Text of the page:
Maybe your ideal customer — again, the one who’s never heard of you — is facing a problem but isn’t quite ready to talk about a solution just yet. Or she’s found a solution but isn’t really happy with it … and the contract doesn’t expire for another three months. Or he’s used up his budget for the year and won’t have another dime until the third quarter.
Content marketing gives you the means of staying top-of-mind with these potential clients until they’re ready to enter a sales conversation. Your weekly email provides valuable tips to help them do their jobs better. Your LinkedIn page constantly shares links to articles that help them stay current on the latest developments in their industries. Your podcast gives them an informative yet engaging audio experience during the long commute to and from the office.
Then, when the penny drops and they’re finally ready to buy, guess whose name will be foremost in their minds? Top-of-mind, check.
Content marketing gives your sales team fodder for touchpoints
With a vibrant, active content marketing program, the marketing team can become your sales associates’ best friend.
Ask your sales team their least favorite part of the job and they’ll probably refer to those awkward follow-up phone calls: “Hey Steve, Bob here … just, ah … wanted to follow up and see if you have any questions about ABC Analytics …”
With content marketing, you’re not just knocking at their proverbial door — you’re showing up with flowers and candy. “Hey Steve, Bob here … you know, we just published a white paper on [topic], which you were just asking me about the other day. I’d love to send you a copy …” Sales touchpoint, check.
What else does demand generation involve?
Of course, content marketing isn’t the only trick in the demand-generation strategist’s bag. Targeted outbound marketing — emphasis on targeted — is also an important piece of the puzzle, especially when it comes to awareness.
Think trade show booths, industry publication ads, online ad retargeting, and other tactics to let your ideal clients know that (1) a solution does exist and (2) you’ve got it. While content marketing does the day-to-day heavy lifting, strategic outbound campaigns can deliver “zingers” to help move that ideal client one step closer to a sales conversation.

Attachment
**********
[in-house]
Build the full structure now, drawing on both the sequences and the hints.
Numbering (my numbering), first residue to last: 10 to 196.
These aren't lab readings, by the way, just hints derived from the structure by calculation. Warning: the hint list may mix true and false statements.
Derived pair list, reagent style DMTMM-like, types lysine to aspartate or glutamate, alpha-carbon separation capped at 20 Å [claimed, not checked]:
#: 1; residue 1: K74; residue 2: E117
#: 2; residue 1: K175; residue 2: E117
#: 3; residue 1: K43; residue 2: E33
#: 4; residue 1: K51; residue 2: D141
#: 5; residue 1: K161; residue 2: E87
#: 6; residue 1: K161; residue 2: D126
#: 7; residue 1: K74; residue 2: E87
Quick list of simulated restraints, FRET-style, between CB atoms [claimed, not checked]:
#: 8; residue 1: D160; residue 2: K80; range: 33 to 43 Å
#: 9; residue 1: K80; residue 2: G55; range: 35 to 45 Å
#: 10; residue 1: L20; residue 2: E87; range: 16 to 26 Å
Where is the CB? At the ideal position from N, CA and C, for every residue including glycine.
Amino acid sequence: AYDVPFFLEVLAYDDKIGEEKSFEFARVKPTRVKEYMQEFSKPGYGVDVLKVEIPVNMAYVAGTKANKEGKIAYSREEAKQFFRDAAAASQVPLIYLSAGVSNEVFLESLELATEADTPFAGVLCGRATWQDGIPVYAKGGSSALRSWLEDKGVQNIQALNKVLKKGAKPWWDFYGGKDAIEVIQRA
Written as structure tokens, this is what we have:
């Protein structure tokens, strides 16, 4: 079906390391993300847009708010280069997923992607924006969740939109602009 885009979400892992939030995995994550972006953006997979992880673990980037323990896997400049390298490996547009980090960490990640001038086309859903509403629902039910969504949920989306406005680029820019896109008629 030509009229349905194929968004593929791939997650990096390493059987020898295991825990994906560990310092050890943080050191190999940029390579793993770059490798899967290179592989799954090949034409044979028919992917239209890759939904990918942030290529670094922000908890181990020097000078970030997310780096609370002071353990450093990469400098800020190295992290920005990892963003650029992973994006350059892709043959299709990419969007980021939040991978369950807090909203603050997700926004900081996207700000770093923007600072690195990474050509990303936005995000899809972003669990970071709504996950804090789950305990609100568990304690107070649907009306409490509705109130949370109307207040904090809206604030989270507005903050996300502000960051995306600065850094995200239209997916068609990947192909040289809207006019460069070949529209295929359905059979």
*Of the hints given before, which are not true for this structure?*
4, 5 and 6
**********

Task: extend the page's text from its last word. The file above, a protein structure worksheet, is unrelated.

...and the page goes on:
The more you know
As one deeply entrenched in the content creation side of things, I’m still on the upward slope of the learning curve when it comes to demand generation. You may be too, and that’s perfectly fine. But as content marketers in this day and age, we need to be constantly aware of how our efforts fit into the big picture — including demand generation and all it entails.
(Cue the NBC “The More You Know” Rainbow)
How do you and your team understand lead generation and how content marketing fits in? Tell us about it in the comments!
About the Author
A self-described geek who can recite entire episodes of South Park by heart, Rachel Parker has had a passion for content ever since she was old enough to hold a crayon (purple, please).
As Founder and CEO of Resonance, Rachel helps businesses publish content that connects with their audience … and converts those followers into customers. She’s also the host of the Content Marketing Podcast and a sought-after speaker, having presented to many major business and marketing organizations. To learn more, download our complimentary audio 5 Things You Must Know About Content Marketing.